Ian Telfer, a well-known figure in the mining sector who is credited with building up several multi-billion-dollar mining firms1, is the person who nominated you for the CEO position at Goldcorp. How did you first meet Ian and how did your business relationship with him come about?Well, it's kind of interesting. Of course, you meet a lot of people at conferences and so on, and I think I maybe had shaken hands with him a few times before. We really got to know each other when Glamis Gold made a hostile bid to take over Goldcorp in late 2004. Goldcorp turned to Wheaton River for a friendly transaction as a defensive measure against our bid. Ian was the CEO of Wheaton River and he and Rob McEwen at Goldcorp were fighting off the bid from Glamis Gold. Of course, during the period of a hostile bid, there isn't much socializing among the antagonists! But at the end I will always remember how gracious Ian was. They won the day and Wheaton River and Goldcorp merged. I then went to the shareholders' meeting to be the official Glamis representative. Ian was, as I said, very gracious as a winner and reminded me that it was a small business and that we'd be crossing paths again. Indeed, a few years later, we did — when Glamis and Goldcorp got together on a friendly basis. Goldcorp recently faced off against Yamana Gold and Agnico Eagle to take over Osisko, a producing mining company. It looks like Yamana and Agnico Eagle have taken the prize with a larger bid. Are big miners changing their strategy to take over producing mining companies instead of raw deposits? Are they becoming purely mine operators instead of mine builders? No, I wouldn't say so. I think the bid for Osisko was an opportunity that we saw to create value based on a mispricing of that company and its shares late last year and early this year. With a low gold price and a lack of interest in the equity markets, we just felt that Osisko was extremely undervalued. If we could acquire that company at the right price, we liked the asset and it would fit well into our portfolio. It's all about price, though, and after we made the bid, the gold market came back a bit and the equities all traded up. That opportunity for value creation evaporated so we walked away.
You've said that the mining business is a 'people business' - it's not all about the rocks in the ground. How does having the right team impact the viability of a mining company over the long term?I think it's all about the humans that are making the decisions at these mining companies. The business is based on getting rock out of the ground, doing it at the right costs and with the right capital expenditures, but there are people making every one of those decisions, doing the initial resource modeling, the feasibility studies, and then actually building and operating the mines. The better the people, the better the success you're going to have. I absolutely believe that success in this business, or any business, is about having the best-quality people. You can look in our industry - there have been some big strategic decisions made over the last decade. Some of those have turned out really well, and some not so well. Those decisions were all made by people. So, I think you have to look first to the quality of the people in a company as the critical item for your investment criteria. In your experience of operating and building mines, what have been some of the positive surprises, and what have been some of the negative surprises or unforeseen risks that have materialized? On the positive side, it's usually always the geology. If you look at our Eleonore project in Quebec as an example, we based that decision to build the mine on the belief that we had 4 or 5 million ounces of gold in potential resources that would eventually become proven reserves, and this would justify building the mine. As we started building it, we increased that to 7 million ounces and I'm confident that it will move up well above 10 million ounces over time. When you get to know a deposit, you find that you often had more ounces than you initially expected. That's consistent over the entire industry. Most mines outlive their initial feasibility-study mine life because additional resources are found along the way. That's one of the reasons, I think, that people make a mistake by valuing mining companies just based on current proven and probable reserves. Historically, those reserves tend to grow over time.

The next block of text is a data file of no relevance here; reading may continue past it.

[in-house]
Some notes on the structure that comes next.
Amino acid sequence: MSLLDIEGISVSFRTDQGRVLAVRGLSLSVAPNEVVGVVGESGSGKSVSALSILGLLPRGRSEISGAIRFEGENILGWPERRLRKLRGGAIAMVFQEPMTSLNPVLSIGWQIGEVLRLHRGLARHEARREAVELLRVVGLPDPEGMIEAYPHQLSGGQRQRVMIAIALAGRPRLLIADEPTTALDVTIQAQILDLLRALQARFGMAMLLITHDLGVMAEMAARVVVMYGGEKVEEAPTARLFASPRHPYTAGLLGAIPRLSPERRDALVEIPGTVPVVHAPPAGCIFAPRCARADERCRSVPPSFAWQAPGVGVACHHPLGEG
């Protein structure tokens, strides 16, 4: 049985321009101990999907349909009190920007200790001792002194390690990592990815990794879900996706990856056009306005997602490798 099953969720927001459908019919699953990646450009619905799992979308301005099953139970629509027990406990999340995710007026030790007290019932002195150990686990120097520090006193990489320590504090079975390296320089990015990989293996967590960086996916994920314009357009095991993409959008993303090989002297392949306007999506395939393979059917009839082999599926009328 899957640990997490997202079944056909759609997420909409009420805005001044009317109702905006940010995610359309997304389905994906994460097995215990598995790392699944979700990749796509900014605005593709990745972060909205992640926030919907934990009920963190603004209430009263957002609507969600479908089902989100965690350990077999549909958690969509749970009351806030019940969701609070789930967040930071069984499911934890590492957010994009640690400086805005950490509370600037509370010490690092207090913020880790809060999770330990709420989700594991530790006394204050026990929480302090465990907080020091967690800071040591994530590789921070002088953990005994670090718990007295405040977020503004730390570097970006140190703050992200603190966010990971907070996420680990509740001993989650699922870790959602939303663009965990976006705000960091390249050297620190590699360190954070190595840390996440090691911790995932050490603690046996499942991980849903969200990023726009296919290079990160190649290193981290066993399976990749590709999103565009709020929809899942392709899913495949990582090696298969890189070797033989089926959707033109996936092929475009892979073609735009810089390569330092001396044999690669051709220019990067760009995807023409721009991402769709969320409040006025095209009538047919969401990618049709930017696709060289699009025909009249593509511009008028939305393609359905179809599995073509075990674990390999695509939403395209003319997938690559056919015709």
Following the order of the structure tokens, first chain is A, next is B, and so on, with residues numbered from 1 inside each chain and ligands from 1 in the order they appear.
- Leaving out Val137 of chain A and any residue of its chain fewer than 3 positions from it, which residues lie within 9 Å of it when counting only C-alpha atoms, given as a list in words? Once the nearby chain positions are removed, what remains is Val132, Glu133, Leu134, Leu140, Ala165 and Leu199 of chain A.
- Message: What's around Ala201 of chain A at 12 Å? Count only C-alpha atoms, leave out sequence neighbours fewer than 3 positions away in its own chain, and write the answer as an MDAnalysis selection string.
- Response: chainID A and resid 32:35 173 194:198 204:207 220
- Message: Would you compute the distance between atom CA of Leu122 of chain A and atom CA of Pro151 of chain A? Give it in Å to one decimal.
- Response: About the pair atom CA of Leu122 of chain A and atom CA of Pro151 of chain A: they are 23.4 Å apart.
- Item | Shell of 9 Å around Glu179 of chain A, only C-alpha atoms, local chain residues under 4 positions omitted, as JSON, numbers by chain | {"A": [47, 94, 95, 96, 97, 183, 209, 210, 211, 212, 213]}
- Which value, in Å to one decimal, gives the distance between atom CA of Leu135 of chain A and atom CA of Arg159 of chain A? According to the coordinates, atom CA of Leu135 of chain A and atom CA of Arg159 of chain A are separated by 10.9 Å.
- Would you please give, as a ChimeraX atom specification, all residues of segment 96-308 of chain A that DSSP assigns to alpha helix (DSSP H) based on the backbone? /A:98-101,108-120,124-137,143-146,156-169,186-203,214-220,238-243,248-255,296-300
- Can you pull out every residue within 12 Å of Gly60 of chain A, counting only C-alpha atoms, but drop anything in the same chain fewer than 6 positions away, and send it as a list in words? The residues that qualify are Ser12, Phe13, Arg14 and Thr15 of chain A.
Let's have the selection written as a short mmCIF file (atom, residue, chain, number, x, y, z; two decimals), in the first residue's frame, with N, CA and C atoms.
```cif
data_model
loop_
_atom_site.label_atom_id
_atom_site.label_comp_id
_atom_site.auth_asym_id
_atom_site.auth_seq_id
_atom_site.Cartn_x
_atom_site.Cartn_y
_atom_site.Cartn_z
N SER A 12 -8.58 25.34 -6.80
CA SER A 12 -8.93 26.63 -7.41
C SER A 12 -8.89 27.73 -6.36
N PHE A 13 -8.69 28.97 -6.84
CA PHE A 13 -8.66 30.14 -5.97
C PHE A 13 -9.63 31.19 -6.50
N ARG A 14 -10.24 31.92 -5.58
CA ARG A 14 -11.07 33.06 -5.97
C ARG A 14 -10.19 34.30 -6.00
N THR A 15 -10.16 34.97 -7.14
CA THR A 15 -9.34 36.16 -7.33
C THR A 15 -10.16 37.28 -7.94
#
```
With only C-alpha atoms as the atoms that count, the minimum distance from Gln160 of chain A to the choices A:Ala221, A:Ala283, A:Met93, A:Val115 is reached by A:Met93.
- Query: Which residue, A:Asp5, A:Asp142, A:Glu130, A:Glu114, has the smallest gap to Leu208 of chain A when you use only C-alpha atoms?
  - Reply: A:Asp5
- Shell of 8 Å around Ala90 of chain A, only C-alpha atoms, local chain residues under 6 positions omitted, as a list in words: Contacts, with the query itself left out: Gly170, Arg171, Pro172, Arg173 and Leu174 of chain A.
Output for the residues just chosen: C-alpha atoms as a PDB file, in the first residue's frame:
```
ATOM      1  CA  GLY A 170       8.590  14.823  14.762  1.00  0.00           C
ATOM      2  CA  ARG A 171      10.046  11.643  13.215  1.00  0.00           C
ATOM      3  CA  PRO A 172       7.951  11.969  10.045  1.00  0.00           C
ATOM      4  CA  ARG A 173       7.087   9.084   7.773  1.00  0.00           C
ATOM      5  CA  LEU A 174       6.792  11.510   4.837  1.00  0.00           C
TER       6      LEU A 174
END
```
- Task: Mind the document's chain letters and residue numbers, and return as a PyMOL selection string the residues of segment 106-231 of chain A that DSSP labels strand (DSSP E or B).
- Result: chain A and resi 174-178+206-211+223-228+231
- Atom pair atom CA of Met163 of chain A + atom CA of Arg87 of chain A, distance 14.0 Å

As to negatives, it would be 'country risk.' That's something that is part of our business and we just have to deal with. For instance, along with Barrick as the operator, we built the Pueblo Viejo mine in Dominican Republic and just after we finished constructing it, the government came back for another piece of the pie. That is something that you have no power to stop, but when it happens it can be fairly detrimental. That mine is operating fairly well and spinning off a lot of cash. They still did take an extra piece of it.This interview is part of a series of interviews offered to subscribers of Sprott's Thoughts, where we bring you the insights from the most successful and knowledgeable actors in the mining sector. If you aren't yet a subscriber, become one for free so you don't miss out on the next interviews. Subscribe here. Past interviewees in this series include Pierre Lassonde, David Harquail, Frank Giustra, Rick Rule, and Eric Sprott. 1 The Globe and Mail online: Ian Telfer: 'I'm more of an opportunist than a visionary.' May 27, 2011.
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